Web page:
Atheism and equivocation

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Dr. Greg Bahnsen became known as "the man atheists fear most" due to Michael Martin's cancellation of their scheduled debate.[1] During his debate with Dr. Gordon Stein, Bahnsen pointed out that the atheist worldview cannot account for the laws of logic, but the Christian worldview can.[2][3]

A common and legitimate criticism of the atheist worldview is that atheism is illogical and irrational (See also: Atheism and logic and Atheism and irrationality)[4]

See also: Atheism and logical fallacies

Meaning of the word equivocation

Equivocation is the use of word with multiple meanings, and then using a different meaning in the conclusion than in the premise.

For example: "The coach said we should eat light, so take your heavy coat off."

Equivocation is a logical fallacy.[5]

Atheism, equivocation and the origin in the universe

See also: Atheism and the origin of the universe

Creationist scientists demonstrate that the first law of thermodynamics and second law of thermodynamics argue against an eternal universe and they also demonstrate that these laws point to the universe being supernaturally created.[6][7][8]

The Christian Apologetics and Research Ministry (CARM) points out that the prominent atheist Lawrence Krauss uses the logical fallacy of equivocation in his failed attempt to explain the origin of the universe. See also: Atheism and logical fallacies

CARM declares:

But I have a bone to pick with Dr. Krauss about his latest book, A Universe from Nothing, which has the subtitle Why there is something rather than nothing? Those having taken an intro to philosophy class will recognize that Krauss’ subtitle is a rendition of the most basic philosophical question of existence, which has been attributed to truth seekers such as Gottfried Leibniz who asked, “Why do we have something rather than nothing at all?”....

You would think that by the title of Krauss’ book he answers the question that Leibniz posed, but he doesn’t. Instead, he redefines what ‘nothing’ is. ‘Nothing’ to Dr. Krauss would be empty space or the quantum vacuum.... defines ‘nothing’ as:

1. no thing; not anything; naught: to say nothing.
2. no part, share, or trace (usually followed by of ): The house showed nothing of its former magnificence.
3. something that is nonexistent.
4. nonexistence; nothingness: The sound faded to nothing.

But, I think the best definition of ‘nothing’ is Aristotle’s: “Nothing is what rocks dream about.”

Why does Krauss attempt to redefine ‘nothing’? Because Krauss is an atheist and a fairly acerbic one at that. He not only doesn’t believe in God but also doesn’t like God. Here is the problem Krauss faces: If nothing is really nothing and we have something (the universe) from a real nothing, then it points to the universe having a beginning. And as Stephen Hawking has observed, “Many people do not like the idea that time has a beginning, probably because it smacks of divine intervention.”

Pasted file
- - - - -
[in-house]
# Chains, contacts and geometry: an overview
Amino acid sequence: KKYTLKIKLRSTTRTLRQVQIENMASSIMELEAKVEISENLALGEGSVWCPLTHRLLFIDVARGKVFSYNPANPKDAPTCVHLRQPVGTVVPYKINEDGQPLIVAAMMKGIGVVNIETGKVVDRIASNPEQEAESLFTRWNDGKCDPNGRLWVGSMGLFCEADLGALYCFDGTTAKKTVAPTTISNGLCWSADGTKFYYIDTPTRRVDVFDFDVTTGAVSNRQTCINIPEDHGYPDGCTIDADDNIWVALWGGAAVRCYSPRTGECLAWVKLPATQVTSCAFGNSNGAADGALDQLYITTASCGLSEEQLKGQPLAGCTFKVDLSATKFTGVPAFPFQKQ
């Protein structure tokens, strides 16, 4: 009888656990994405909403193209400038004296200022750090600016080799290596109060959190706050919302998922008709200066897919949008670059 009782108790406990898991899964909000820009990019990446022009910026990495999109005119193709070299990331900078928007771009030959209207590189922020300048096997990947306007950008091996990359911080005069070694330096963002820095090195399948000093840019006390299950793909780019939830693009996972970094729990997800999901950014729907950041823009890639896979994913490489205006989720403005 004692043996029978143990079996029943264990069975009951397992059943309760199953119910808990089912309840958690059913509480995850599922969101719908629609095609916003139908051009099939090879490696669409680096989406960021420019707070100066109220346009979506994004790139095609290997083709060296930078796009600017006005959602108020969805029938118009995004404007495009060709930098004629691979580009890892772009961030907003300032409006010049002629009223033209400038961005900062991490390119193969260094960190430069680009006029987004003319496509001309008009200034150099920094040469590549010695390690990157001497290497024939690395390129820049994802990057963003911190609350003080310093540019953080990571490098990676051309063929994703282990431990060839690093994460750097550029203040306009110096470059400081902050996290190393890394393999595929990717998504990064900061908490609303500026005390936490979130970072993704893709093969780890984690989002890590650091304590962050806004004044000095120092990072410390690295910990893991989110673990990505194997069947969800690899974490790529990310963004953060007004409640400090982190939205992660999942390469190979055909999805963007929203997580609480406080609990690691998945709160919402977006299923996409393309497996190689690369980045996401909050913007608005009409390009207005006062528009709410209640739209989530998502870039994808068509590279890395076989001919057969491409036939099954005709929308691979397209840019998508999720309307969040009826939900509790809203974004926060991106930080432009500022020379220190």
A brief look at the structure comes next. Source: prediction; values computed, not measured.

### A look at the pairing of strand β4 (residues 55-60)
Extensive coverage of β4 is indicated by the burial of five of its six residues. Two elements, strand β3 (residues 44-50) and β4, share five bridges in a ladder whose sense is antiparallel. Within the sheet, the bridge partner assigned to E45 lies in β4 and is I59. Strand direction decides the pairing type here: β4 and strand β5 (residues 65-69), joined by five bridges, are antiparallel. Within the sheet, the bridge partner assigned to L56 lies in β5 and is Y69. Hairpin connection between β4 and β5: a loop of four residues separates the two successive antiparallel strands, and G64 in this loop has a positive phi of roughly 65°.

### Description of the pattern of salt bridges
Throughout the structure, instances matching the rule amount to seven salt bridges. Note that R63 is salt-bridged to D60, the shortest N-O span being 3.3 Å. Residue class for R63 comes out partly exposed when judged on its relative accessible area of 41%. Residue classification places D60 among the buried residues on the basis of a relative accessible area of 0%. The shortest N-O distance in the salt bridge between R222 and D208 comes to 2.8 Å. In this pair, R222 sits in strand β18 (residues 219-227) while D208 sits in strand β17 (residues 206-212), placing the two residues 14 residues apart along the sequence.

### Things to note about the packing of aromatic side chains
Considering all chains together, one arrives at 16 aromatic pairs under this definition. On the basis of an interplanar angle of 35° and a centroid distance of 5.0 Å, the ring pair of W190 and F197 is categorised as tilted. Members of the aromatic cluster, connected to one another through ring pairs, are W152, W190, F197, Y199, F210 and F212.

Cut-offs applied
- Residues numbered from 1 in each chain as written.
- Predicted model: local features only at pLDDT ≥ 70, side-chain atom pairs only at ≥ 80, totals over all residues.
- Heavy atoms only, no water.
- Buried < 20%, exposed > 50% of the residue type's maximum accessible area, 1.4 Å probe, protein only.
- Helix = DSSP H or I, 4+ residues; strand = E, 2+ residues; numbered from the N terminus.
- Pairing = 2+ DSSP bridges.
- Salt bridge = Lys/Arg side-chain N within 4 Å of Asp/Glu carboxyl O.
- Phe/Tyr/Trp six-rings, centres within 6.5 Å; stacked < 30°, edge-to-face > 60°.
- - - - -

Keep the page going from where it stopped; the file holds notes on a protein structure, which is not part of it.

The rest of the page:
The problem is that empty space and/or the quantum vacuum aren’t nothing; they’re something. So Krauss’ book does absolutely ‘nothing’ to answer Leibniz’s question and leaves his readers no better off than they were before where the issue of the origin of the universe is concerned.

All the scientific evidence points to the universe exploding out of true nothingness, but atheists like Krauss hate this truth.[9]

Atheism, evolution and equivocation

Since World War II a majority of the most prominent and vocal defenders of the evolutionary position which employs methodological naturalism have been atheists and agnostics (see also: Causes of evolutionary belief)[10]

Critics of evolution state that many of today's proponents of the evolutionary position have diluted the meaning of the term "evolution" to the point where it defined as or the definition includes change over time in the gene pool of a population over time through such processes as mutation, natural selection, and genetic drift.[11] Dr. Jonathan Sarfati of Creation Ministries International declares concerning the diluted definition of the word "evolution":

...many evolutionary propagandists are guilty of the deceitful practice of equivocation, that is, switching the meaning of a single word (evolution) part way through an argument. A common tactic, ‘bait-and-switch,’ is simply to produce examples of change over time, call this ‘evolution,’ then imply that the GTE [General Theory of Evolution] is thereby proven or even essential, and creation disproved. The PBS Evolution series and the Scientific American article are full of examples of this fallacy.[12][13]

Throughout his book Why Evolution is True, the atheist Jerry Coyne abuses the term evolution, defining it in multiple ways and equivocating it.[14] In addition, he shows a poor understanding of the creationist/creation science position.[15]

See also


  1. The Great Debate: Greg Bahnsen vs Gordon Stein
  2. Greg Bahnsen vs. Gordon Stein: The Great Debate (FULL)
  3. "The Great Debate: Does God Exist?"
  4. Atheism by Matt Slick
  5. Equivocation
  6. Evidences for God From Space—Laws of Science
  7. Thompson, Bert, So Long, Eternal Universe; Hello Beginning, Hello End!, 2001 (Apologetics Press)
  9. Lawrence Krauss and the Atheist Definition of Nothing, by Robin Schumacher, edited by Matt Slick
  10. Jonathan Sarfati,Ph.D., F.M. Refuting Evolution 2, Chapter 1, Argument: Creationism is religion, not science
  11. The PBS evolution website bills itself as "The most comprehensive evolutionary science resource on the Internet" but it is very poorly done.
  12. Jerry Coyne and the “Fact” of Evolution by Kyle Butt, Apologetics Press
  13. Why evolution need not be true: A review of Why Evolution is True by Jerry A. Coyne Viking Penguin, New York, 2009, reviewed by John Woodmorappe